Good Hair Days for Locks of Love

My mom lost hers to chemo. My daughter's giving hers to charity. I thought hair was just about vanity. Turns out it can mean a lot more.
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My 7-year-old daughter, Betsy, is busily growing out her hair. I say the word busily because when you're 7, letting your hair grow is a time-consuming affair. You need to brush it at least 18 times a day and at each brushing you need to have someone see how long it is when it's smooth. You need to wash it every night and when you're out of the tub you need to have at least one person witness how long it is when it's soaking wet. When someone else brushes your growing hair, you need to scream very loudly in her ear, "Stop killing me!"

Betsy is growing her hair so she can donate it to Locks of Love, an organization that provides hairpieces to disadvantaged children who've lost their hair to cancer, alopecia, or another illness. Her interest in doing this comes from her peers -- donating hair has become trendy among teens and tweens, a do-good rite of passage -- as well as from a classmate who has alopecia. For me her ardor is bittersweet. My mother, who died when Betsy was just 3 months old, lost all her hair to chemotherapy during a prolonged battle with cancer. Ironically, this is something that Betsy knows nothing about.

My curly-haired mother was diagnosed with ovarian cancer on her 61st birthday, just three years after a divorce that ripped chunks out of her self-esteem. Her husband (yes, my father) left her for another woman, and not even a younger woman, but someone his age. At the time of her diagnosis, my mother was just beginning to reestablish her sense of femininity -- which, for better or worse, she gauged by her attractiveness to men.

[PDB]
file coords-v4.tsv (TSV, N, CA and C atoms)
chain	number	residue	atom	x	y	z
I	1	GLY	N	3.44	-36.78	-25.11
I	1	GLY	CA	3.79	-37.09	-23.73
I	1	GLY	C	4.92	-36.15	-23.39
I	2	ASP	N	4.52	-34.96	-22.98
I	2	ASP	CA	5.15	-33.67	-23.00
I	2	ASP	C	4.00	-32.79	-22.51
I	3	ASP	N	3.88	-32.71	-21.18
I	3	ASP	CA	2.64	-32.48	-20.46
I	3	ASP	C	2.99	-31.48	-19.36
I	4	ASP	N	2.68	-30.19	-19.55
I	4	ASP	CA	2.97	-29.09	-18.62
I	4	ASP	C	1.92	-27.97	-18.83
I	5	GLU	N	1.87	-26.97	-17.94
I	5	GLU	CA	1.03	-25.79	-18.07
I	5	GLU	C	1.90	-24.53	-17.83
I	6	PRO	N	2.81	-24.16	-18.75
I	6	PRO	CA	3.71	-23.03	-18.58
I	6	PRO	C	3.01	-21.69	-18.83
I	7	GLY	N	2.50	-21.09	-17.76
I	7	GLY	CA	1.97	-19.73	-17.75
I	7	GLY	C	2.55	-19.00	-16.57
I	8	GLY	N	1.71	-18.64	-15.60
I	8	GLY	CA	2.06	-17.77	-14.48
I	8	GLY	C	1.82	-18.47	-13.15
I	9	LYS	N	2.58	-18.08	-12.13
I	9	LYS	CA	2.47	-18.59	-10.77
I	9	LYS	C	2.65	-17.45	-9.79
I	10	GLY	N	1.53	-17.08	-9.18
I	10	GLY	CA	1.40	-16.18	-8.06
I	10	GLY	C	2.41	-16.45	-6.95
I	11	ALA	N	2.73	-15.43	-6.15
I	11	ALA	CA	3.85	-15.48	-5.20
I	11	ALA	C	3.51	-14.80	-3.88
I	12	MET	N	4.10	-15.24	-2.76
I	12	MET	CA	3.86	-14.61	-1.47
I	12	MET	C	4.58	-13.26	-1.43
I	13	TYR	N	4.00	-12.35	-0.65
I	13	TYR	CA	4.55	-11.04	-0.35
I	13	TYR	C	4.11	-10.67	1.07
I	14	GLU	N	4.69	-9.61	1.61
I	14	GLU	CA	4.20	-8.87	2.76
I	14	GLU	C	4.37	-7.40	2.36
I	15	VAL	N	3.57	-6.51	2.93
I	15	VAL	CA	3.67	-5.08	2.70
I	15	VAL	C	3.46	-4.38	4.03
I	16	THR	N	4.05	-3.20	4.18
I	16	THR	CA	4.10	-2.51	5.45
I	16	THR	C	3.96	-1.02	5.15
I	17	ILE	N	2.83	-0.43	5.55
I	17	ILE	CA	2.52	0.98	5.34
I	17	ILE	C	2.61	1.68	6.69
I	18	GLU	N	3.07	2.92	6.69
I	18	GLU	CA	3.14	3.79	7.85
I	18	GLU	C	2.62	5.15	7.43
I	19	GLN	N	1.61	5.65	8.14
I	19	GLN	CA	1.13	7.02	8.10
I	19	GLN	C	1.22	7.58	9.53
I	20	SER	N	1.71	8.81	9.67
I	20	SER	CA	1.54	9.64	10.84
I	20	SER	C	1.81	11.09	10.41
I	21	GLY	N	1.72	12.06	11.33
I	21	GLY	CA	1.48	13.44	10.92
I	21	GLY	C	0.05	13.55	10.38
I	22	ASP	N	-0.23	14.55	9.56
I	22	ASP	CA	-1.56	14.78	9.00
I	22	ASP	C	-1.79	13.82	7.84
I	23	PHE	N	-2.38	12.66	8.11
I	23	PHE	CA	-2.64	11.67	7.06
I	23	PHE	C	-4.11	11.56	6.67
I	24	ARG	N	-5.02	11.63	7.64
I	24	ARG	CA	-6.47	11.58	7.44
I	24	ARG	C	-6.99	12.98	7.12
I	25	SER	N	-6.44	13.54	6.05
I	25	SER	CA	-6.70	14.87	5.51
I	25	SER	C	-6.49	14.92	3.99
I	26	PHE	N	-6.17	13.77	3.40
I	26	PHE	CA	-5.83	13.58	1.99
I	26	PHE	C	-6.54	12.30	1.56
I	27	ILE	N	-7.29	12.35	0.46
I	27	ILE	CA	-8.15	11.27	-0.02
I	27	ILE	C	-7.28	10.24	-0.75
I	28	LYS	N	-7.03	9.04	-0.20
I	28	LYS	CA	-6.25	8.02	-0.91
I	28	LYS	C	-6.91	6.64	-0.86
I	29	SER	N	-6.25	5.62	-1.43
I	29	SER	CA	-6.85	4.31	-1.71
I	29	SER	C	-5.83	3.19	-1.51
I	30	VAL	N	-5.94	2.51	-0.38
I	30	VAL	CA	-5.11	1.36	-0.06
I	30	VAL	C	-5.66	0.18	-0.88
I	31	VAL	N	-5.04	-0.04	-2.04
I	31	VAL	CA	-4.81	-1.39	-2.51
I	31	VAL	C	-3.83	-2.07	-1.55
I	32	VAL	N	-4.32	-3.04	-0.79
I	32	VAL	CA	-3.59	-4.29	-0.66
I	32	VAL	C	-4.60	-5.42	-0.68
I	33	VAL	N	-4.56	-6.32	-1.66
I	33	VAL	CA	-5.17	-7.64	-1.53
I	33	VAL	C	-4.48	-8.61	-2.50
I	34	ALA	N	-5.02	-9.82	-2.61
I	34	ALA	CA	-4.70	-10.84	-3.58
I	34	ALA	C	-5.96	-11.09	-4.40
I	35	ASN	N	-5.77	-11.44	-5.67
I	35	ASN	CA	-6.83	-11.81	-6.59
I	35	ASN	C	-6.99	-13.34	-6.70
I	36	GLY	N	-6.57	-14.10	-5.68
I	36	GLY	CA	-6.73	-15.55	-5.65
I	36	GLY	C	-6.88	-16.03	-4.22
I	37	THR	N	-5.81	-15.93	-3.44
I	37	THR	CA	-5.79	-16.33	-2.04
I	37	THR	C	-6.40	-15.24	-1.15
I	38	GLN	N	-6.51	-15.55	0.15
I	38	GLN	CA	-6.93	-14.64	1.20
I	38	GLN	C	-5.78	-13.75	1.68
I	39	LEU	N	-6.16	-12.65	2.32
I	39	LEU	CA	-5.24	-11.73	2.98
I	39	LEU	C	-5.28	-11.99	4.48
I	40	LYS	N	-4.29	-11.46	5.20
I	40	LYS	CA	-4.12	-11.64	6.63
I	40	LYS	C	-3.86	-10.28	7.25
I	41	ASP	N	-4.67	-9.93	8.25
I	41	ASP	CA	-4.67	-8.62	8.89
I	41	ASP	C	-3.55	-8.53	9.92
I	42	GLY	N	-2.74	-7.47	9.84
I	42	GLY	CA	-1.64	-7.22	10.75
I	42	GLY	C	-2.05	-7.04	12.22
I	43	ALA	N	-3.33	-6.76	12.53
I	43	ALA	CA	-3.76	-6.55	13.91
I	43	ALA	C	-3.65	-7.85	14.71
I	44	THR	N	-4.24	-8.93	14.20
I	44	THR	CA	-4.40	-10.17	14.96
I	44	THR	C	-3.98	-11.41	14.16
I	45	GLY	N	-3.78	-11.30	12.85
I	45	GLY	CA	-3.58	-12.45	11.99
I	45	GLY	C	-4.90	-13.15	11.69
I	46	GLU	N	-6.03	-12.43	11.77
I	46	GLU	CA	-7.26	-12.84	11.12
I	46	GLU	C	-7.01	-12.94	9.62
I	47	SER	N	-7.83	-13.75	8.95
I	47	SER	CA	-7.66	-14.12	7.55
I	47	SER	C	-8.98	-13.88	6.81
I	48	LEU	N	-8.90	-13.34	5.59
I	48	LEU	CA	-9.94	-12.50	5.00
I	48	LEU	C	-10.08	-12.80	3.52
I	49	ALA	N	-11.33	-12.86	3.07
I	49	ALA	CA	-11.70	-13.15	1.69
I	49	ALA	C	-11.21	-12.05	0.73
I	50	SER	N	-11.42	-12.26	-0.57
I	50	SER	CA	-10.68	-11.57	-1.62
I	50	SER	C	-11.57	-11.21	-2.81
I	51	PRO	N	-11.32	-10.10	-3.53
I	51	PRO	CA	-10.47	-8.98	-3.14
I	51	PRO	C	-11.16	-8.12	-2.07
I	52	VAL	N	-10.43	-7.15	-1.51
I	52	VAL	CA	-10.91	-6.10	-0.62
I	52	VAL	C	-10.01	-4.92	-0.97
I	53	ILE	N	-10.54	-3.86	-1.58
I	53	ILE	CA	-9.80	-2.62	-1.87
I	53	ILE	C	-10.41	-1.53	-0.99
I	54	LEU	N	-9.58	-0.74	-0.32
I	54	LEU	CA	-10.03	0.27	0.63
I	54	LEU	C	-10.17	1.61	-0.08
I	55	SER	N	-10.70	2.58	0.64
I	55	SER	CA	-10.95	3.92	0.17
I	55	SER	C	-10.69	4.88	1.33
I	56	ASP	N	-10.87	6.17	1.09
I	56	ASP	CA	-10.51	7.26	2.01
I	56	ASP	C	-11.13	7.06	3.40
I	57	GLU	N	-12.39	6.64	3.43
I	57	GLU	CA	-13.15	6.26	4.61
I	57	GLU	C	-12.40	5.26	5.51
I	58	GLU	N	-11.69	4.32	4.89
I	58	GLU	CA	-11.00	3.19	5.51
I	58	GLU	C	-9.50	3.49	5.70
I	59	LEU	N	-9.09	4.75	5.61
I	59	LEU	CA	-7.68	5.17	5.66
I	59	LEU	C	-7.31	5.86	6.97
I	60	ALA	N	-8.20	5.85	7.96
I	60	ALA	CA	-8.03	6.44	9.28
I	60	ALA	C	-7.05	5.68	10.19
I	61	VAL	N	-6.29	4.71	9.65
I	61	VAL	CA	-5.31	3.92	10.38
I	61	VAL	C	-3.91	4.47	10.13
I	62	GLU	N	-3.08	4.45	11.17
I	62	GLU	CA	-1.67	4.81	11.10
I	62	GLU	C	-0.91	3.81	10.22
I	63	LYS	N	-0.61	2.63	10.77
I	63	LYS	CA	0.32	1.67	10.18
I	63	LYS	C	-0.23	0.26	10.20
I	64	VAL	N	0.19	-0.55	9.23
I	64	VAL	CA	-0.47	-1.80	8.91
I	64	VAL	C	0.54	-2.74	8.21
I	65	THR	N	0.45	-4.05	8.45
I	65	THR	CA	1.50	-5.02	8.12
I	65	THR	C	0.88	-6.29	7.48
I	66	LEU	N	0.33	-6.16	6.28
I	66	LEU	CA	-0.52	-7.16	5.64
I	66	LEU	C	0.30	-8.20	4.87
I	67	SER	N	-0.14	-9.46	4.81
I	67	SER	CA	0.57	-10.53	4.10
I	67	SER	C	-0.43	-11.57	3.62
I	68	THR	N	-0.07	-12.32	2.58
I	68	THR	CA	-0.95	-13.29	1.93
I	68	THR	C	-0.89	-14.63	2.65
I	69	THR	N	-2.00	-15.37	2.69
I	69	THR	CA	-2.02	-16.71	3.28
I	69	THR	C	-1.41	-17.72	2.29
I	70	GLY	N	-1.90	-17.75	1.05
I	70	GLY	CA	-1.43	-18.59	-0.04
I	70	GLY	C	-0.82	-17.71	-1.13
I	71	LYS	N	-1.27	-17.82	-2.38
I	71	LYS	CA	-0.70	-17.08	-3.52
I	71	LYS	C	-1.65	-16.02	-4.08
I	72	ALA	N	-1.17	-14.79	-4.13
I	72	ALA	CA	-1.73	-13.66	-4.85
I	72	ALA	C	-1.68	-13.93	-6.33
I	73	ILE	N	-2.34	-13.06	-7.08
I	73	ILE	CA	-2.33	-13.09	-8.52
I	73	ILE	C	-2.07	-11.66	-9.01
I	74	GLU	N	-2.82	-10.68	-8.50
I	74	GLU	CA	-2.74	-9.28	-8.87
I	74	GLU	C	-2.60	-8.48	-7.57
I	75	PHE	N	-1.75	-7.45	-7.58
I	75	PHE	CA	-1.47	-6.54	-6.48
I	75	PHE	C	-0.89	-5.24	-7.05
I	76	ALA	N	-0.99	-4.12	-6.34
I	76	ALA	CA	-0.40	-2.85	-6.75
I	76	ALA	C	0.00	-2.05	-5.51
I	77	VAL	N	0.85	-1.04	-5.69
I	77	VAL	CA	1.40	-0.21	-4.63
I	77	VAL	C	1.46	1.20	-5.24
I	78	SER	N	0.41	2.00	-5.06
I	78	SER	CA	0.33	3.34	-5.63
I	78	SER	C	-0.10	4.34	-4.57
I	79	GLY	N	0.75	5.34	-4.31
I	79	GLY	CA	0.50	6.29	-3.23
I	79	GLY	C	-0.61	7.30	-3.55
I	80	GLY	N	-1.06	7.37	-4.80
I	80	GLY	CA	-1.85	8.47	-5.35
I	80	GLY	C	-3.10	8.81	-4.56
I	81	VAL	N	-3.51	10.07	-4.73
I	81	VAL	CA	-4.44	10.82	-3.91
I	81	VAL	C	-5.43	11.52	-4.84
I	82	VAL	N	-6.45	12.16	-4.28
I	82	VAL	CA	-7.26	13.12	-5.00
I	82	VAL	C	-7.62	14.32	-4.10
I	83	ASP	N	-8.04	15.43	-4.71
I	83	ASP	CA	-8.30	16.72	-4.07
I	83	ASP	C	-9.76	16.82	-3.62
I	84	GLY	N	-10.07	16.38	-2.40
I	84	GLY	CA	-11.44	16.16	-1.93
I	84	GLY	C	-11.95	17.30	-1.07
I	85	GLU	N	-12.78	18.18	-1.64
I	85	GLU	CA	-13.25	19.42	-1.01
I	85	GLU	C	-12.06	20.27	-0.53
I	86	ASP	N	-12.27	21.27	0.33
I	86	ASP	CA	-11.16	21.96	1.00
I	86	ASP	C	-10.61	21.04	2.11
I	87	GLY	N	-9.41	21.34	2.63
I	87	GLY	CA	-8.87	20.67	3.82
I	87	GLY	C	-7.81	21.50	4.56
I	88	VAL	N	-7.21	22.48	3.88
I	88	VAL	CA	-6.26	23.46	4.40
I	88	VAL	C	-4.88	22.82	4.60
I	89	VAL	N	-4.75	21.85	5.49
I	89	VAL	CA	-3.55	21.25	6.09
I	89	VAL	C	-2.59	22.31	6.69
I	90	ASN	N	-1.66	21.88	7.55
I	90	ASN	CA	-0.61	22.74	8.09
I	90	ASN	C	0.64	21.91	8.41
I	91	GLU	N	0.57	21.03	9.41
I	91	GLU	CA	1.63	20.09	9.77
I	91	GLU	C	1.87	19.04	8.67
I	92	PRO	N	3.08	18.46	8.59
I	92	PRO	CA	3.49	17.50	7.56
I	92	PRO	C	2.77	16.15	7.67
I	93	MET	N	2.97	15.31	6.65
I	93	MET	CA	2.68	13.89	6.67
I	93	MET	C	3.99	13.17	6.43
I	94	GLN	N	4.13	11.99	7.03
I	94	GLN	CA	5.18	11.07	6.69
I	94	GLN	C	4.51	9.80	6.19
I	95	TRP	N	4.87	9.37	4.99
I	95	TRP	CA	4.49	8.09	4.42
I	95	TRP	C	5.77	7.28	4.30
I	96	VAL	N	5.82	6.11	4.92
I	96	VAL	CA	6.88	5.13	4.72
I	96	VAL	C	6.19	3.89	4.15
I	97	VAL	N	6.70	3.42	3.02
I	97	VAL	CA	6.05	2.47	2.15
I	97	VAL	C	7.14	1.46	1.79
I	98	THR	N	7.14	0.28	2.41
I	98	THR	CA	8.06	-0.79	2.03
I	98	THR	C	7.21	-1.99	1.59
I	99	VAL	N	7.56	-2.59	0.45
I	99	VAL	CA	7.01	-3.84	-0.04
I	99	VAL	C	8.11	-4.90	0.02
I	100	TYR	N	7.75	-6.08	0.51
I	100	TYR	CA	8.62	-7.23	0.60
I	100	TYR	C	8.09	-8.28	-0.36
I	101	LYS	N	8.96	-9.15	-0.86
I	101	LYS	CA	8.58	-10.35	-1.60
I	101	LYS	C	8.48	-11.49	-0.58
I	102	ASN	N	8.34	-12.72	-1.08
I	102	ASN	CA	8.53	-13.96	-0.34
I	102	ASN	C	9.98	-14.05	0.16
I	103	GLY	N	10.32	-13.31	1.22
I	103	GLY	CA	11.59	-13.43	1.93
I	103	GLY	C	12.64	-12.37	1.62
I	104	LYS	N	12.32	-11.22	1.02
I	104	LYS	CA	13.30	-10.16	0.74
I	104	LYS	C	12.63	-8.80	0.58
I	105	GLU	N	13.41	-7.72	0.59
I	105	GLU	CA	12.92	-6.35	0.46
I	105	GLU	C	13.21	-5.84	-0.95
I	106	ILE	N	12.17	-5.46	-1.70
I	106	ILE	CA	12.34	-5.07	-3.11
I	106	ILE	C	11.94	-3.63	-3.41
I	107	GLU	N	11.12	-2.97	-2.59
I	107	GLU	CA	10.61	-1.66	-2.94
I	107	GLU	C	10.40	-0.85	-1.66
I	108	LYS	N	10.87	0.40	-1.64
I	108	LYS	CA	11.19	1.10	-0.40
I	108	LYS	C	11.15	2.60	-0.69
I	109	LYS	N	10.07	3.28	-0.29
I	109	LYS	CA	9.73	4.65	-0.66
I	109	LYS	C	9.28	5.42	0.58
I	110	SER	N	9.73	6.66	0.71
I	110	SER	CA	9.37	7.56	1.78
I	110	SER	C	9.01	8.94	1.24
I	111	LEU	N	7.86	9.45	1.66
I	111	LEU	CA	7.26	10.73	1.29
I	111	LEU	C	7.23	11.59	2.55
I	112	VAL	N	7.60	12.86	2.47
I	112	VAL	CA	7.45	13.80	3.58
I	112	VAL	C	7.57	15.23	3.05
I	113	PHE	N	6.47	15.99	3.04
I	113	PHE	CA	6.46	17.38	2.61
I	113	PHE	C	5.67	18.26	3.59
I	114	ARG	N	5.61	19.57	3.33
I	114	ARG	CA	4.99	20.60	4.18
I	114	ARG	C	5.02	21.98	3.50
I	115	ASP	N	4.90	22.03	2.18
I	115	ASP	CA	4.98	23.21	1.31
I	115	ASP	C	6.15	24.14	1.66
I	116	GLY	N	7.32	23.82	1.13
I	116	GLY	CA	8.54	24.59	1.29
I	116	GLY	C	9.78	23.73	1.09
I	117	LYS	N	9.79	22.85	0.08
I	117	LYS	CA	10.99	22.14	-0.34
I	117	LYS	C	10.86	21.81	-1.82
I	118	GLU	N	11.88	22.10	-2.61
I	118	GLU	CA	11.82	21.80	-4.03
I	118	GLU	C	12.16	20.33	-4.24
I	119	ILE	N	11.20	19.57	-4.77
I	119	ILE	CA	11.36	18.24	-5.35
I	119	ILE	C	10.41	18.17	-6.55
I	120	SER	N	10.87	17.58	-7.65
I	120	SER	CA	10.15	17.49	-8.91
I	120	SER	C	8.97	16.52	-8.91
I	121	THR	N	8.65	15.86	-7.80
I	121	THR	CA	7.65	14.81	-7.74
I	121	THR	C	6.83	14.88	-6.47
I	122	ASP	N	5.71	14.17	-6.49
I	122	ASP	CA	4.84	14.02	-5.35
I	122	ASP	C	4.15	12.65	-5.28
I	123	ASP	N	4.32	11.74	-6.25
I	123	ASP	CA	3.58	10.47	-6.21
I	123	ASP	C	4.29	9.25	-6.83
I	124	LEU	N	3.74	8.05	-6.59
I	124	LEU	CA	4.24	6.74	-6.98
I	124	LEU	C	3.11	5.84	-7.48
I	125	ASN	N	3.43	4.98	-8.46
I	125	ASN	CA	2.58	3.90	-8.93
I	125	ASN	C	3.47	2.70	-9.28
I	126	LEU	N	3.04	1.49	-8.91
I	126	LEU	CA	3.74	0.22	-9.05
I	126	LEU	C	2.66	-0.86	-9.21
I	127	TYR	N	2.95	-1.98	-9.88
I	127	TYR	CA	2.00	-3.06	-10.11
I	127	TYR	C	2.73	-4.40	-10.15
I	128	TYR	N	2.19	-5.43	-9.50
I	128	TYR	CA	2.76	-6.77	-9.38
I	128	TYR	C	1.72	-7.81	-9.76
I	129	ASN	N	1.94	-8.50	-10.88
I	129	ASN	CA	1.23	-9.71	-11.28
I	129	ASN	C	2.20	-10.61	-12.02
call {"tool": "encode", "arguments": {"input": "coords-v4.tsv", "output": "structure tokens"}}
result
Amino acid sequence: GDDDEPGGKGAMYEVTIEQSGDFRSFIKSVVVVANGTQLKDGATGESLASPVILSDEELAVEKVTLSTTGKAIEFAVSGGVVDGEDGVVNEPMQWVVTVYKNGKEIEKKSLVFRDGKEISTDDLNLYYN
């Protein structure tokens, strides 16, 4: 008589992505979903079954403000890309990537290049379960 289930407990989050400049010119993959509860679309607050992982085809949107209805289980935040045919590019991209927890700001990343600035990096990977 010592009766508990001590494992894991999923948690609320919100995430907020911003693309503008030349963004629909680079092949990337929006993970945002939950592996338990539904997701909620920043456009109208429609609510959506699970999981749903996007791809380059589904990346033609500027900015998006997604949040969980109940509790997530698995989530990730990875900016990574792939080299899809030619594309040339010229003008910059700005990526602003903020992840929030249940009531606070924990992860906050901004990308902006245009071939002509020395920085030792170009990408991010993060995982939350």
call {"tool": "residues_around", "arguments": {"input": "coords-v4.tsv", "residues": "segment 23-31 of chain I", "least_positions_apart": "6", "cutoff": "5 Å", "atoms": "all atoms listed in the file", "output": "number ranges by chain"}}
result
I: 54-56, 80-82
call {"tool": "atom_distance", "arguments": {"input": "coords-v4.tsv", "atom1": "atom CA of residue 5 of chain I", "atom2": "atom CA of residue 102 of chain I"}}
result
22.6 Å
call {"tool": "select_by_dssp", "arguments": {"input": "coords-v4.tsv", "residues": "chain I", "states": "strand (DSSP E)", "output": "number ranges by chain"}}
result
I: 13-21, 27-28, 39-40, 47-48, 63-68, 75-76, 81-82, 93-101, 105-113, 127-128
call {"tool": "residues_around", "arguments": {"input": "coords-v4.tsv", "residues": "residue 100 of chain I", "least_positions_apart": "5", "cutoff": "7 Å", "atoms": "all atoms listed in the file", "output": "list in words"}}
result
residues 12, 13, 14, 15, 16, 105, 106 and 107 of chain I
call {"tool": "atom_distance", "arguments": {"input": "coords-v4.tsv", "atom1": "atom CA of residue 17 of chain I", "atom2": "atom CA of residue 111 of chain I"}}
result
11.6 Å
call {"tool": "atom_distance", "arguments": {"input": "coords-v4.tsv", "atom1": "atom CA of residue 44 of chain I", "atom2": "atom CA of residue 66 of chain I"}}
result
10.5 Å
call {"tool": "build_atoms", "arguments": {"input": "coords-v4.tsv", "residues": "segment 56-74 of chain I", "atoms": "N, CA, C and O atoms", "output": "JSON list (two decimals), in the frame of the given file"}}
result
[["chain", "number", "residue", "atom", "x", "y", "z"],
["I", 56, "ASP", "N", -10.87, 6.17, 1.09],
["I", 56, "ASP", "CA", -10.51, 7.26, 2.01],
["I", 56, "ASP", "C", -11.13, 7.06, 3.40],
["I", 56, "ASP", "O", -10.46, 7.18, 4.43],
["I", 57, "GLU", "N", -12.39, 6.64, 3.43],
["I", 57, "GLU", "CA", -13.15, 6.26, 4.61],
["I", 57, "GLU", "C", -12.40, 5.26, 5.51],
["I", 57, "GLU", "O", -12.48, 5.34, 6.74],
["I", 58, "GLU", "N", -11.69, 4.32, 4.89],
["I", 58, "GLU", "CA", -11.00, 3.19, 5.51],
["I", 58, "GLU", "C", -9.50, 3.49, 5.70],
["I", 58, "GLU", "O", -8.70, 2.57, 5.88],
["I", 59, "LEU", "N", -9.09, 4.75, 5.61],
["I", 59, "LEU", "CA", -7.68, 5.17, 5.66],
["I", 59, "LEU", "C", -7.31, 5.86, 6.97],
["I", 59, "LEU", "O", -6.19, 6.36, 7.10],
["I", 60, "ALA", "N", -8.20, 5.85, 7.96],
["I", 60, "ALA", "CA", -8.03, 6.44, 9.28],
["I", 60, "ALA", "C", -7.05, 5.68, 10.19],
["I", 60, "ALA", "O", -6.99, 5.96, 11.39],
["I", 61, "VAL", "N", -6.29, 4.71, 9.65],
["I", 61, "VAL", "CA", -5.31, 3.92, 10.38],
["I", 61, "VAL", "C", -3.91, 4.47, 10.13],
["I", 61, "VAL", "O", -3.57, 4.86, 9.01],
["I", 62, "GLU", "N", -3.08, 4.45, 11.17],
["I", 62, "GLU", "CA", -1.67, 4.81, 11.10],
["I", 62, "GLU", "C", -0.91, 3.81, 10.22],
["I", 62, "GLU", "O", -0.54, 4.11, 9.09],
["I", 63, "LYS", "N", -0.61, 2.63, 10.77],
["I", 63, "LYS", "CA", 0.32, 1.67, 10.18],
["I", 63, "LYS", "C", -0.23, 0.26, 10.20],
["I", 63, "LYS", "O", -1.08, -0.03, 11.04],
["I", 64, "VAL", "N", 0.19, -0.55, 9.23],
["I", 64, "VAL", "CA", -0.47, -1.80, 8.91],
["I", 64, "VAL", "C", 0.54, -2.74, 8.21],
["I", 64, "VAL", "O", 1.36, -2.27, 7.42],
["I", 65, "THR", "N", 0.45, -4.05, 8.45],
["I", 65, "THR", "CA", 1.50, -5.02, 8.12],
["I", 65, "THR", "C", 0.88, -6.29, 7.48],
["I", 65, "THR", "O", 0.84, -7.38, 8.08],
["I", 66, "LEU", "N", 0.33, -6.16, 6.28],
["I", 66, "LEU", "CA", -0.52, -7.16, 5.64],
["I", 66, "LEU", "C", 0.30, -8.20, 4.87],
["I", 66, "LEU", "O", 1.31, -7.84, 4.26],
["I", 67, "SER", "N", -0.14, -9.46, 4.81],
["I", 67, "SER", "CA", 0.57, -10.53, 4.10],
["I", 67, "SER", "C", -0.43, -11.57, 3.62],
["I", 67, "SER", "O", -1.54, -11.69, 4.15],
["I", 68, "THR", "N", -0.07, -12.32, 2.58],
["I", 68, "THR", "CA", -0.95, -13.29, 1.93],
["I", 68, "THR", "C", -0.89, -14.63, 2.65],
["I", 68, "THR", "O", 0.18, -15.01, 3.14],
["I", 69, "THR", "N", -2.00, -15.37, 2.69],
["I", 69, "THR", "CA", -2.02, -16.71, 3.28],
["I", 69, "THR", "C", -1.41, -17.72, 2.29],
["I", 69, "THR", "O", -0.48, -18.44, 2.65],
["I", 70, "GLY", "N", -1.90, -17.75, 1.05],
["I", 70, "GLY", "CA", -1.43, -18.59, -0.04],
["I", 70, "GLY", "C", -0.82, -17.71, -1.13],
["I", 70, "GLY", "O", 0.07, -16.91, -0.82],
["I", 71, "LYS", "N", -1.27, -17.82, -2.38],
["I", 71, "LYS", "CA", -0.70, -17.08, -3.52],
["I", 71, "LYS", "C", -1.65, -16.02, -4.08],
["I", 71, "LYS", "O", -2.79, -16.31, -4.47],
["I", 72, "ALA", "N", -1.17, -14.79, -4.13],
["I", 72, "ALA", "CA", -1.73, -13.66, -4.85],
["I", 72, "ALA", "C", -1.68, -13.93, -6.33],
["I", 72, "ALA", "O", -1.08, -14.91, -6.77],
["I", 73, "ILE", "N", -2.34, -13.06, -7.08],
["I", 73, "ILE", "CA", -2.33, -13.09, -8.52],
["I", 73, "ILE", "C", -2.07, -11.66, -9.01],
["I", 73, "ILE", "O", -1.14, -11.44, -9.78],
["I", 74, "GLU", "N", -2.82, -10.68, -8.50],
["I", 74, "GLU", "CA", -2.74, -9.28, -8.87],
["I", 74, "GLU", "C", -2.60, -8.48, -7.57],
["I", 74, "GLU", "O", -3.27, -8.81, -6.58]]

Hair loss makes a woman's experience of cancer very different from a man's. Somehow it turns every female cancer patient into a political activist, a revolutionary, an often-unwilling symbol of humanity's greatest fear -- mortality.

My mother wanted none of this. She wanted to go to work, to the grocery store, or out to dinner without public scrutiny and that earnest concern she perceived as pity. For her, hair loss was one of the hardest of all the psychic blows during her battle with cancer. Hair loss meant she couldn't pass as a healthy person. On top of that, she felt like less of a woman.

Almost as soon as she was diagnosed, my mother was fitted for a wig -- the most realistic hairpiece her insurance money could buy. Not only did she never set foot outside her door without wearing it, she also refused to acknowledge that it was not her own hair. If anyone made reference to her new hairstyle, my mother would smile a tight smile and thank him or her for noticing. If someone asked whether she was wearing a wig -- which a surprising number of people did -- my mother lied with a flat, firm, don't-you-dare-take-another-step "No."

I admit to having been troubled at times by her reaction. Shouldn't cancer have caused her to appreciate life and cast aside ridiculous patriarchal definitions of femininity? It took work for me to allow my mother to deal with both hair loss and cancer in her own way, to see them as experiences that were hers alone to define.

Betsy is too young to associate hair loss with life-threatening illness. She thinks only of her classmate who is "allergic to her own hair," who talked all year long about the wig she was going to get and how happy it would make her, and whose entire demeanor did in fact change the moment she walked into the classroom with a head full of strawberry blonde waves. My daughter wants to be another child's hero.

So I comb, comb, comb Betsy's hair in preparation for the day it measures 10 inches from the base of her ponytail to the tip, the day Betsy says she will allow someone to cut it all off. I find it hard to imagine, Betsy letting go so easily of the golden mane that has preoccupied her for more than a year. But she insists she will.

Years after my mother's death I stumbled upon a packet of photos she'd taken of her own reflection during one of her many rounds of chemotherapy. She stands before the mirror in her bedroom, her arm outstretched to hold the camera. There's a big smile on her face and her perfect head is shiny, bald and beautiful -- no wig in sight. There were 15 photos in all, each as happy and life-affirming as the others.

It turns out I'd had it all wrong. My mom's insistence on a wig wasn't about fear and vanity; it was about strength and courage. Each day she looked illness, death, and her altered self in the face, donned her wig, and got on with it. If that isn't female power, I don't know what is. Surely that is where my daughter gets her guts and determination. Every hero gets to have a hairpiece -- or lose a ponytail -- when she wants to.

Originally published in Ladies' Home Journal, May 2011.


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